The losers of patent-infringement cases who engage in “unreasonable” litigation conduct should pay the winners’ legal fees, the U.S. Supreme Court said Tuesday in a victory for companies including Google Inc. and Apple Inc.
Judges should look at the case and determine if it “stands out from others,” the high court said, easing rules that had made it difficult for the winners to get reimbursement for their costs. In a second, related, opinion, the court also limited the ability of an appeals court to overturn a trial judge’s decision in such cases.
“A case presenting either subjective bad faith or exceptionally meritless claims may sufficiently set itself apart from mine-run cases to warrant a fee award,” Justice Sonia Sotomayor wrote for a unanimous court.
Technology companies like Apple and Google said they are too often faced with frivolous infringement claims by patent owners who use the high cost of litigation to extract cheap and easy settlements. Congress is considering legislation that would require the loser to pay the winner’s fees except in limited circumstances.
More than 100,000 companies were threatened in 2012 alone with infringement suits by businesses whose sole mission is to extract royalty revenue, according to a White House report. Those entities, called pejoratively “patent trolls” by critics, filed 19 percent of all patent lawsuits from 2007 to 2011, according to the Government Accountability Office.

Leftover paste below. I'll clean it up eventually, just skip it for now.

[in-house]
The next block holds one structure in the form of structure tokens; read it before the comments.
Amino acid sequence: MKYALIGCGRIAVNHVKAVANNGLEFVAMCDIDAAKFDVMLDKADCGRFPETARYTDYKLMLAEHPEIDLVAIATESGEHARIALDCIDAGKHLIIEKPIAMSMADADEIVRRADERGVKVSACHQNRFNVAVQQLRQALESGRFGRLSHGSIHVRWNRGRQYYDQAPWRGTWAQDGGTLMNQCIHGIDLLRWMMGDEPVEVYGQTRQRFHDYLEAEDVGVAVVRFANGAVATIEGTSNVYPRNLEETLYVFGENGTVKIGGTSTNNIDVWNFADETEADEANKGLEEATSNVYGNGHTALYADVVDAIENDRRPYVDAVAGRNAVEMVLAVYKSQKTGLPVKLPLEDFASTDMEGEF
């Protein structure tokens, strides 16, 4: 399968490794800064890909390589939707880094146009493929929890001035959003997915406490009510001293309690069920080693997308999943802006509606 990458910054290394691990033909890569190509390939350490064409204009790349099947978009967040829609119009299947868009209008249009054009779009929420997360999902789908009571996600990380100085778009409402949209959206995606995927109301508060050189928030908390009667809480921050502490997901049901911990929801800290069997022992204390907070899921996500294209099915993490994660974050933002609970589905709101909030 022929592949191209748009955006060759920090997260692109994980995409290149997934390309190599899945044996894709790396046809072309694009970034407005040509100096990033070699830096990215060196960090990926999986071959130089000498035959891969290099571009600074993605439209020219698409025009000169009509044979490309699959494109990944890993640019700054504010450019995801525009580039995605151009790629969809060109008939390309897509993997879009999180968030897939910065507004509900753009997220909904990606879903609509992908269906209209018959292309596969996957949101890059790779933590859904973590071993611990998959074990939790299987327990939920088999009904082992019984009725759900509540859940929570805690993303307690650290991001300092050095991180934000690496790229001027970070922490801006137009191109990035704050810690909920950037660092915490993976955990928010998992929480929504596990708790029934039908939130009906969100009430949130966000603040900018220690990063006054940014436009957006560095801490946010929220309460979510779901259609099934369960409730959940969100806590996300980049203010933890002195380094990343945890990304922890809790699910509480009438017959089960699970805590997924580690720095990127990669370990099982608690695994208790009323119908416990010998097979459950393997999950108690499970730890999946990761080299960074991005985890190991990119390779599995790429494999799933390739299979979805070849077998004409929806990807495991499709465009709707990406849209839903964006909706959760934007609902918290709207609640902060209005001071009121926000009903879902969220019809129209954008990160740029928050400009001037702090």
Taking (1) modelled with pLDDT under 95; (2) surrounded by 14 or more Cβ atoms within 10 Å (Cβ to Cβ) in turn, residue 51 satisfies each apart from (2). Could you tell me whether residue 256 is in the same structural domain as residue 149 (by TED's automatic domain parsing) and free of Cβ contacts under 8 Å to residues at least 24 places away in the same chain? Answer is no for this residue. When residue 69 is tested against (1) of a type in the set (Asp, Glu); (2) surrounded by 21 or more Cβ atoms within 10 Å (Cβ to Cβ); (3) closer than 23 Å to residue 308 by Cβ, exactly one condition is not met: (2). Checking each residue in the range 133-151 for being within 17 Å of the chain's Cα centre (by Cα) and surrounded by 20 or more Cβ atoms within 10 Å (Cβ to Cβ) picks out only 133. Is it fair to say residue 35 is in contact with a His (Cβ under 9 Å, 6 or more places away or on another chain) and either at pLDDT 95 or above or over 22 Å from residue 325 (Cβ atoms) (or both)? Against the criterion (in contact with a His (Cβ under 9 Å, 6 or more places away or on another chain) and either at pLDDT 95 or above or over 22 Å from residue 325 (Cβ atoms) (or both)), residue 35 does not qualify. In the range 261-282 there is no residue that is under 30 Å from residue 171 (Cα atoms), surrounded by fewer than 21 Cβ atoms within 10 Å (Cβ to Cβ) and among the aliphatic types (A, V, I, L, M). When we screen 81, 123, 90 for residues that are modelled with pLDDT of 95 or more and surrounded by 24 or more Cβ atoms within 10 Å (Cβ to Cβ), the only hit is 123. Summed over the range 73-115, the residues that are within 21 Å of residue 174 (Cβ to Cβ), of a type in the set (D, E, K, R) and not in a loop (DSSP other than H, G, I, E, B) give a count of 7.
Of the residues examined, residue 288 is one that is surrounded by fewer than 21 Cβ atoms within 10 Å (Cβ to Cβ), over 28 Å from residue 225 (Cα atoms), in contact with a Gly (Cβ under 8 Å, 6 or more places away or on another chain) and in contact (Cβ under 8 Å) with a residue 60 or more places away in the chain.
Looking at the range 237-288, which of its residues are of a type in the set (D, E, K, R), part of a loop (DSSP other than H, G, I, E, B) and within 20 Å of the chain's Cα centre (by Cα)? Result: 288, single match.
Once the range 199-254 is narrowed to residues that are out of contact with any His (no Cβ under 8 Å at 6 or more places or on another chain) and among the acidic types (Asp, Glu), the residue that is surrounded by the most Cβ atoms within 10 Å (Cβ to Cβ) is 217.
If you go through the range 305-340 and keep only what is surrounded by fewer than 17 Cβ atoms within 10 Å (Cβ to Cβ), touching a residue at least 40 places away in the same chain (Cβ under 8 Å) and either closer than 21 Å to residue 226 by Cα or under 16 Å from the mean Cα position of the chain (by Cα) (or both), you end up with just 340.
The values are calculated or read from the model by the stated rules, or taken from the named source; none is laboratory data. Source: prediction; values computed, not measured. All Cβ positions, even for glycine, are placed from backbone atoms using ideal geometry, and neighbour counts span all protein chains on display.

The cases are Octane Fitness v. Icon Health & Fitness, 12-1184, and Highmark v. Allcare Health Management Systems, 12-1163.
Octane Fitness LLC is seeking as much as $1.8 million in fees after defeating a patent suit. Octane was sued by Icon Health & Fitness Inc., another exercise equipment maker, over a component in elliptical machines.
Octane is challenging the test for awards established in 2005 by the U.S. Court of Appeals for the Federal Circuit, which handles patent cases. The Federal Circuit allows fees if a suit is “objectively baseless” and was filed in bad faith.
The U.S. Patent Act says fees can be awarded “in exceptional cases.” The justices said the Federal Circuit rule was too rigid.
“An ‘exceptional’ case is simply one that stands out from others with respect to the substantive strength of a party’s litigating position (considering both the governing law and the facts of the case) or the unreasonable manner in which the case was litigated,” the court ruled.
In the second case, the court said the Federal Circuit should be more deferential to trial judges on the issue, and review such decisions only to see if there was an abuse of discretion.
With assistance from Greg Stohr in Washington.